In some embodiments of the invention, compounds are screened in at least one system utilizing smooth muscle cells, and at least one system utilizing endothelial cells. In some embodiments, the compounds are further screened in at least one system related to inflammation, for example systems LPS, 3C, 4H and HSM3C, which incorporate inflammatory cells (monocytes, T cells, endothelial cells) and mediators (TNF-α, IFN-γ etc.). In other embodiments, compounds are further screened in at least one system related to tissue remodeling, for example systems HDF3CT, HDFT and CASM3C, which incorporate cell types (fibroblasts, smooth muscle cells) and factors (e.g. growth factors) involved in tissue remodeling.
These assays are scored according to their modulation of the selected readout parameters. Compounds receive a score of positive (score of 1) or negative (score of 0) for each readout parameter set forth in Table 1 that is modulated. The compounds that score higher than a control compound, usually an approved therapeutic agent for inhibition of restenosis, e.g. rapamycin or paclitaxel, are considered an improvement over the approved therapeutic agent, and may be selected for further use.
The relative importance of each parameter may be weighted by the screener to select those parameters of greatest interest for a particular application. While a preferred drug modulates all of the readout parameters in the desired way; desirable bioactive compounds may also modulate only one or several of the parameters in the desired fashion. One can combine two or more drugs such that more of the desired parameter changes are obtained than either drug is capable of inducing alone. For restenosis, preferred compounds are those which have high overall score and which inhibit smooth muscle cell proliferation without affecting endothelial cell proliferation.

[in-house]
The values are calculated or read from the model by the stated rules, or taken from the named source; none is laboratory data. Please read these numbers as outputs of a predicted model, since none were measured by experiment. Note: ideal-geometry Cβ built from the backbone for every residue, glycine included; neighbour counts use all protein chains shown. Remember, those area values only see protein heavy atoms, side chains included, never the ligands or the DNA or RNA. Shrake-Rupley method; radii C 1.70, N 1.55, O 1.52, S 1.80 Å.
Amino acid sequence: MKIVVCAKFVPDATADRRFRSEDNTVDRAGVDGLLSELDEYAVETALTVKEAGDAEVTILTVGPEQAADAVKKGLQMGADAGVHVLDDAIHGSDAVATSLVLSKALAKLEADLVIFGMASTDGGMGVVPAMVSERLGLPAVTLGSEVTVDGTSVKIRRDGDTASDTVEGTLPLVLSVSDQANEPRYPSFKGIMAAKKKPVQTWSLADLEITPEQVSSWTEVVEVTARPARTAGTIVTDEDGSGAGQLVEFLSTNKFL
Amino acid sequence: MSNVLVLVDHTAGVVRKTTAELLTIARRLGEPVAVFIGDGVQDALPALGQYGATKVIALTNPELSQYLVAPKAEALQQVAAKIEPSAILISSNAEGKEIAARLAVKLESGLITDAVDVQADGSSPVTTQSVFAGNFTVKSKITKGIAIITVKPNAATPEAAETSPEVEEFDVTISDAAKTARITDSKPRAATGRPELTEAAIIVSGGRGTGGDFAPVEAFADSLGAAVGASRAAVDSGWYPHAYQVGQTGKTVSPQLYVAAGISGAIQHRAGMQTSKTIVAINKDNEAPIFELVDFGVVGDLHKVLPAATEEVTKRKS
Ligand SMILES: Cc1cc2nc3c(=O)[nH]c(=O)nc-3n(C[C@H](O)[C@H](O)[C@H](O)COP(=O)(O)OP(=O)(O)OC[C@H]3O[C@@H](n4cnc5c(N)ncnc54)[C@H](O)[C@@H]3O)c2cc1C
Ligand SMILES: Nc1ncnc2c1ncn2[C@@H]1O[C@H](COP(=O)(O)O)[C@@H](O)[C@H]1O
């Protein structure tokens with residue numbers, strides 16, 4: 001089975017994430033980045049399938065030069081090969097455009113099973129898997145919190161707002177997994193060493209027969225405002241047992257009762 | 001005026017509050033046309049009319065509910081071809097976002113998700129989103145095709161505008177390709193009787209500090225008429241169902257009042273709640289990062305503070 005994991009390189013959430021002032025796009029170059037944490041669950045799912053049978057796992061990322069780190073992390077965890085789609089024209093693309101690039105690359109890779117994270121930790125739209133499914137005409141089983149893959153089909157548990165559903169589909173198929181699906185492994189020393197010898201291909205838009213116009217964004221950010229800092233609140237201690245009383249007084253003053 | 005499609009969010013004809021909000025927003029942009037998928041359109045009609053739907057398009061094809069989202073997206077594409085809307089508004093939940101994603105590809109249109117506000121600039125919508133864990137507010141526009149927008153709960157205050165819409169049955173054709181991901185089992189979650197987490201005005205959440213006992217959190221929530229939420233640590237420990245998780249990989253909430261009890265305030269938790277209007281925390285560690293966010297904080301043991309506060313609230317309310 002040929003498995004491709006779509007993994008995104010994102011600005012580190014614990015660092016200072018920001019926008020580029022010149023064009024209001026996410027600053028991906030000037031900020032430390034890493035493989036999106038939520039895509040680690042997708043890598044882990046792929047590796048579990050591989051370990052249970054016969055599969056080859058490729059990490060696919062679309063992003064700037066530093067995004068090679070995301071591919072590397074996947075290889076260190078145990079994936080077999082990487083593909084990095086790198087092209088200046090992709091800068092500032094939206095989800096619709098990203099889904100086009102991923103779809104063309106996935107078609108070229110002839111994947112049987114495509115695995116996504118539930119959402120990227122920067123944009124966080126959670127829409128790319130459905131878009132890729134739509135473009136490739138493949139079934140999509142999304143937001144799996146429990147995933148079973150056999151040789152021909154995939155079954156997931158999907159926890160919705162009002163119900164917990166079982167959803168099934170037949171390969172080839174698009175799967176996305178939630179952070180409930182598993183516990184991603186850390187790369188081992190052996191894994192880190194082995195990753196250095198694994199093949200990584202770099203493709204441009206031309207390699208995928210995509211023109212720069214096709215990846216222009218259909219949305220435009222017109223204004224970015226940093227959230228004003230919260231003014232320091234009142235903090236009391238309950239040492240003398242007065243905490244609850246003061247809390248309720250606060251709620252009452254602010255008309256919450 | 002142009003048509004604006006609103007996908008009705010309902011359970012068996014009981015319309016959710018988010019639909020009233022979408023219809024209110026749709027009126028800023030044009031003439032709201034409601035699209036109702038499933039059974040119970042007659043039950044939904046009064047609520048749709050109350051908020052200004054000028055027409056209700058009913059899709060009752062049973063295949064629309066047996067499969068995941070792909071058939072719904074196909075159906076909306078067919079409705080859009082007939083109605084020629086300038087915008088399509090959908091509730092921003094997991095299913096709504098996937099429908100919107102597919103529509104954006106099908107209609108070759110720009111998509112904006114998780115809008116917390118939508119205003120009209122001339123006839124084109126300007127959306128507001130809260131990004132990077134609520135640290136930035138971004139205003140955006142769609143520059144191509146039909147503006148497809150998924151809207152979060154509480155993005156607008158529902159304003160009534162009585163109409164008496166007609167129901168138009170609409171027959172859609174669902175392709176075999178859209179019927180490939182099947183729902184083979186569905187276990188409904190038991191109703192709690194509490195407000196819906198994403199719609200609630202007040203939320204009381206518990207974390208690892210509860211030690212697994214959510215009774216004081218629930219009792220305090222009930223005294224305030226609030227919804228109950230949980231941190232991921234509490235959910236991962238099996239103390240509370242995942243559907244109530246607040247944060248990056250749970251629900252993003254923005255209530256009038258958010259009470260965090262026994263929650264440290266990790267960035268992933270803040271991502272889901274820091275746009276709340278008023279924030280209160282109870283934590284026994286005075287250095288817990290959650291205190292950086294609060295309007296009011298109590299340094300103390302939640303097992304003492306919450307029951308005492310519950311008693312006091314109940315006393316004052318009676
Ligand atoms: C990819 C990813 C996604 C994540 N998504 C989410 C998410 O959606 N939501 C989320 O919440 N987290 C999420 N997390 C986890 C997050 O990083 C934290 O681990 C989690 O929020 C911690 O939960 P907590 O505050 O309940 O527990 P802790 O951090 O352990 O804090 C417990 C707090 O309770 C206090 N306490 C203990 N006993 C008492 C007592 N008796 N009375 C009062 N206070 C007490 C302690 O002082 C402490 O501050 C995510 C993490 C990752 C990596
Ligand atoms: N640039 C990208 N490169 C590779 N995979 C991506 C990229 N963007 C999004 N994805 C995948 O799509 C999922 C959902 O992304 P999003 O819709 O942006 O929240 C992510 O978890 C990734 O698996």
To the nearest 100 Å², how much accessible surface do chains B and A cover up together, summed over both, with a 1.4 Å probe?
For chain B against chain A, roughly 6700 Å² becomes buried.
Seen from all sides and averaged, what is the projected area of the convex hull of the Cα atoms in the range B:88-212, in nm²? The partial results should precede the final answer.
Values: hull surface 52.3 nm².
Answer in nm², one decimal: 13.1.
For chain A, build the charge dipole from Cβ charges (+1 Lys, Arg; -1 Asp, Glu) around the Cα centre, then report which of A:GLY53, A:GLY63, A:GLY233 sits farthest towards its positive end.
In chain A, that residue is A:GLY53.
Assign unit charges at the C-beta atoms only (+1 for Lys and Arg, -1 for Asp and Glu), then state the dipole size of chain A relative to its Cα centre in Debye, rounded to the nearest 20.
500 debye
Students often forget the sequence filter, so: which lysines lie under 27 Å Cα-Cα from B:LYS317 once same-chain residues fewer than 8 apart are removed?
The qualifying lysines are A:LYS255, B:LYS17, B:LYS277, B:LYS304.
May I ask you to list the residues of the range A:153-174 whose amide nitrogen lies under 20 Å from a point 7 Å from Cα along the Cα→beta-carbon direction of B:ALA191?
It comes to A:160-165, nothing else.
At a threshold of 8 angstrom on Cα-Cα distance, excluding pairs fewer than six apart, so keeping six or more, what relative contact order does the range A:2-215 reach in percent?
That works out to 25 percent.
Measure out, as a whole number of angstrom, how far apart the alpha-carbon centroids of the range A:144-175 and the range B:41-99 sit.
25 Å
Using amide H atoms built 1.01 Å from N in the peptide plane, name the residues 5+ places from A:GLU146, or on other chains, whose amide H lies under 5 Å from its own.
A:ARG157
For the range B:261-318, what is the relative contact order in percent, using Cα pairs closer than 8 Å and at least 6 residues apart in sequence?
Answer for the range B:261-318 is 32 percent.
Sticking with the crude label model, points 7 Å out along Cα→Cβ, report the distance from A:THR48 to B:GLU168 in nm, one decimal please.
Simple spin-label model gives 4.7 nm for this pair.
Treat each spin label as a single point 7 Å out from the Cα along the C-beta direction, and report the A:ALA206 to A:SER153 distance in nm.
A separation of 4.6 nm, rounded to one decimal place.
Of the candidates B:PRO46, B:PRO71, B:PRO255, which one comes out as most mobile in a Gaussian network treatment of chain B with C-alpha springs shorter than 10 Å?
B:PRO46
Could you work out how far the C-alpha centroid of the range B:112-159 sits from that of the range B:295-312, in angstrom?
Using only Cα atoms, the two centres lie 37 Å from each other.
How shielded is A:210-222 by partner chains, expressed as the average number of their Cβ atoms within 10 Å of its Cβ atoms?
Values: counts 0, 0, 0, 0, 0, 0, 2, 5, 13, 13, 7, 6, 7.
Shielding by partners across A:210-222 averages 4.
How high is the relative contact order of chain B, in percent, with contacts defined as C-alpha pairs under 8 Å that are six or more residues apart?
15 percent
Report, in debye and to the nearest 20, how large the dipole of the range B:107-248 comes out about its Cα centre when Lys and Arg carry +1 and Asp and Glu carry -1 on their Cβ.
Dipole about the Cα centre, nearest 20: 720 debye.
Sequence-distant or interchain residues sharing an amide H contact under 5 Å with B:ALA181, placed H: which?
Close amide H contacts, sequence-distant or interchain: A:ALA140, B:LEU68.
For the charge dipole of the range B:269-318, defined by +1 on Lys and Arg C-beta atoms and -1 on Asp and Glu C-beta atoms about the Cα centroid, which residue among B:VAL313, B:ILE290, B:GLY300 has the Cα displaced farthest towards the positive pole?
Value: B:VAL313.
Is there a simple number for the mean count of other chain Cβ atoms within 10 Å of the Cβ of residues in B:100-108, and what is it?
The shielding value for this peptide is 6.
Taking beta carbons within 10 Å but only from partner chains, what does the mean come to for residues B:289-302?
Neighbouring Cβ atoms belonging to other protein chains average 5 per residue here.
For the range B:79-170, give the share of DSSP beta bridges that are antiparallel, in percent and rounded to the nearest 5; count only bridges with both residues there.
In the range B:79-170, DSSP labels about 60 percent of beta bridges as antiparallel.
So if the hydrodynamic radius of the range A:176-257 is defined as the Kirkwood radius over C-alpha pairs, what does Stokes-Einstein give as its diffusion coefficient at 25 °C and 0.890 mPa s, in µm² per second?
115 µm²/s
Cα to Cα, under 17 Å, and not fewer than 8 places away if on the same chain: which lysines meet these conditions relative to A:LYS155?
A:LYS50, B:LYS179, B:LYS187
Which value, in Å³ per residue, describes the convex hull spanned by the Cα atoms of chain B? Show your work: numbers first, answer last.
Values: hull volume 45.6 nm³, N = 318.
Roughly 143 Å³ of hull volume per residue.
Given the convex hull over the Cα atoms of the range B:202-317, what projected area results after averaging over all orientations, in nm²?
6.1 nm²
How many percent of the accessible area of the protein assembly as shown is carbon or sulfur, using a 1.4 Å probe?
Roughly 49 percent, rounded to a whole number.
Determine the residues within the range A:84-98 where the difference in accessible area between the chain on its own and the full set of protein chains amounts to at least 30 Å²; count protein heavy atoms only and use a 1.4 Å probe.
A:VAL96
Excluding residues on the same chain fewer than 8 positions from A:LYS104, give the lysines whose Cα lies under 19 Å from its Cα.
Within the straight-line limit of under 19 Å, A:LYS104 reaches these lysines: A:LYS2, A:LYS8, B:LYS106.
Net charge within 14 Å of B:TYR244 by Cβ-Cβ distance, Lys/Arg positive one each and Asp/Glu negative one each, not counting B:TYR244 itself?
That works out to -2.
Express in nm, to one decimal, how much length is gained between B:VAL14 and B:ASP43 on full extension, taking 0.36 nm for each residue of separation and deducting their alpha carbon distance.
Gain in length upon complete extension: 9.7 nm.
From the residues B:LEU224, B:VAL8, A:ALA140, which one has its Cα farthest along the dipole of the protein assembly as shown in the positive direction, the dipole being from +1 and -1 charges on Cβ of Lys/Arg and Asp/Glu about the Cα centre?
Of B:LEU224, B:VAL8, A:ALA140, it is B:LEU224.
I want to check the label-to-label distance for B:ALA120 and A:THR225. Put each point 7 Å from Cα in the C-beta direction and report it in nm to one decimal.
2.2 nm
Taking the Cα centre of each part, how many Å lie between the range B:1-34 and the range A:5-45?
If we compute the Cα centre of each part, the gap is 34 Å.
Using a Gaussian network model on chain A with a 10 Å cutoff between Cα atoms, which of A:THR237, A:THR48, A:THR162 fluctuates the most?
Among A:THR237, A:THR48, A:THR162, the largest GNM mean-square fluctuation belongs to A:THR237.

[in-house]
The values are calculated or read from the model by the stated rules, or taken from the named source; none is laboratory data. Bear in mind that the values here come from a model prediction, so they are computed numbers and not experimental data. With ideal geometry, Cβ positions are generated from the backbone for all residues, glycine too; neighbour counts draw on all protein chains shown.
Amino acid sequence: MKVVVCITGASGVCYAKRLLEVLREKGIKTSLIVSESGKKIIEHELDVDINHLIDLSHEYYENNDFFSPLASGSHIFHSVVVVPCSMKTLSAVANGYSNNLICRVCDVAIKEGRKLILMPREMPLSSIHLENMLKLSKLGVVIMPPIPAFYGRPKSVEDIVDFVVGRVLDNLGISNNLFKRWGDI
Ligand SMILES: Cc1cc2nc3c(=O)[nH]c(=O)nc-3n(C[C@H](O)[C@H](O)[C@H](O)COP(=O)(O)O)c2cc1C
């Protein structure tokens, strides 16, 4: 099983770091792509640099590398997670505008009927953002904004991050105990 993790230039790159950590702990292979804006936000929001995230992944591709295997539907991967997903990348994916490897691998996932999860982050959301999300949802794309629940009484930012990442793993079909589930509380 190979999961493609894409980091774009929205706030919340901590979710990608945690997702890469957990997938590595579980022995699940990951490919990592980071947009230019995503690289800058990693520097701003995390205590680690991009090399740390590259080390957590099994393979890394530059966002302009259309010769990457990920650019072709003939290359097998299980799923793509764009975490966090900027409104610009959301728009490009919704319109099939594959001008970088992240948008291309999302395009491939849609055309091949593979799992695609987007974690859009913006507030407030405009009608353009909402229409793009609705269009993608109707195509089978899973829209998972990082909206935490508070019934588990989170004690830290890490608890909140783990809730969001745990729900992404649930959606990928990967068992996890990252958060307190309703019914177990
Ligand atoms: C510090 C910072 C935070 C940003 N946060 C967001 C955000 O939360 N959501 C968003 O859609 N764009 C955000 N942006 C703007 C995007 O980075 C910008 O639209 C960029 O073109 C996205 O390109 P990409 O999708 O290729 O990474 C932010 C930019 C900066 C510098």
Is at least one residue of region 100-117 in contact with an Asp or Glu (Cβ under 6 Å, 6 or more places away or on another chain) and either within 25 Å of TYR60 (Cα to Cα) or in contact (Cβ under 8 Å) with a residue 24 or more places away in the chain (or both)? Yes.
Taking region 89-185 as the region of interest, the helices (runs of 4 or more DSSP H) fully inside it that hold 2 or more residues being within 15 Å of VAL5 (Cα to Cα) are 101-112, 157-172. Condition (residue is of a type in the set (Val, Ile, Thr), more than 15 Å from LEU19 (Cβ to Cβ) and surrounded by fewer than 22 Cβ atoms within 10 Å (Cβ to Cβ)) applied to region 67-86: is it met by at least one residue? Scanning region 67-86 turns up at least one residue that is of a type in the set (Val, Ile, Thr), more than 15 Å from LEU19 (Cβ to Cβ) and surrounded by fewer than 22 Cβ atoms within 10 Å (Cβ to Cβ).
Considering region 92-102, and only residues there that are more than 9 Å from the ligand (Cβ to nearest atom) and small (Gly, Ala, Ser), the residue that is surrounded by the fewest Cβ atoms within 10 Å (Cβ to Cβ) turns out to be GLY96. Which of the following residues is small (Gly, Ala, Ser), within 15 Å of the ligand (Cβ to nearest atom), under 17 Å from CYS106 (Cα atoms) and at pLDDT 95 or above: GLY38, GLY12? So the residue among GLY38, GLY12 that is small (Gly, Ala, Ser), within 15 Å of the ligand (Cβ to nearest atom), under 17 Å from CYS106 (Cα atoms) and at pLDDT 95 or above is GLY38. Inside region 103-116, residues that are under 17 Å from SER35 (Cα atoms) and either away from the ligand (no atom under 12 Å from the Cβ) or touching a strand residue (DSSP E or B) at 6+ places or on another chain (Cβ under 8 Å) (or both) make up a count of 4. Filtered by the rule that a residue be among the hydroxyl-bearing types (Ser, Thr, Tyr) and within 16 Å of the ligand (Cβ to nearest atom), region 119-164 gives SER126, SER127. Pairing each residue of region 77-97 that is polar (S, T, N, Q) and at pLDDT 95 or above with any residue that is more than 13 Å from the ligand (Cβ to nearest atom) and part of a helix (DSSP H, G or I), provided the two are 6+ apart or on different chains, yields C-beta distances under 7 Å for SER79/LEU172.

A library of over 1000 physiologically active compounds was screened in the assays listed in Table 2, for the activities listed in Table 1. Because of the importance of the inhibition the neointimal hyperplasia that occurs after stenting procedure, compounds that selectively inhibit smooth muscle cell proliferation versus endothelial cell proliferation were identified. The resulting compounds were evaluated and scored according to the activities listed in Table 2, receiving a 1 value for each activity present (Table 3). Overall scores of paclitaxel and rapamycin are shown for comparison. Thus, compounds that have overall scores equal or higher than paclitaxel and rapamycin, but at the same time differentially affect proliferation of smooth muscle and endothelial cells proliferation, are considered an improvement over the existing drugs for the treatment of restenosis. Among the compounds with high scores in the BioMAP screen (Table 4), esculetin has been reported to inhibit neointimal hyperplasia after balloon vascular injury in the rat (Pan et al., 2003), thus independently confirming the validity of the screening method described here.
Thus, in one embodiment, the present invention provides a stent or other device intended for in vivo use, wherein said stent or device comprises one or more drugs selected from the group consisting of 8-Azaguanine, Amodiaquin Dihydrochloride Dihydrate, Atovaquone, Betulin, Chlorambucil, Ciclopirox Ethanolamine, Cis-(Z)-Flupentixol Dihydrochloride, Clofilium Tosylate, Deferoxamine Mesylate, Doxazosin Mesylate, Esculetin, Monobenzone, Nifedipine, Primaquine Diphosphate, Securinine, Syrosingopine, Terconazole, and a colchicine analog, e.g. Trimethylcolchicinic Acid, where the preferred set of agents or drugs is selected from a group consisting of, Cis-(Z)-Flupentixol Dihydrochloride, Clofilium Tosylate, Monobenzone, Nifedipine, Primaquine Diphosphate, Securinine, and a colchicine analog, e.g. Trimethylcolchicinic Acid, and where the most preferred set of agents includes Trimethylcolchicinic Acid and its derivatives as further described below.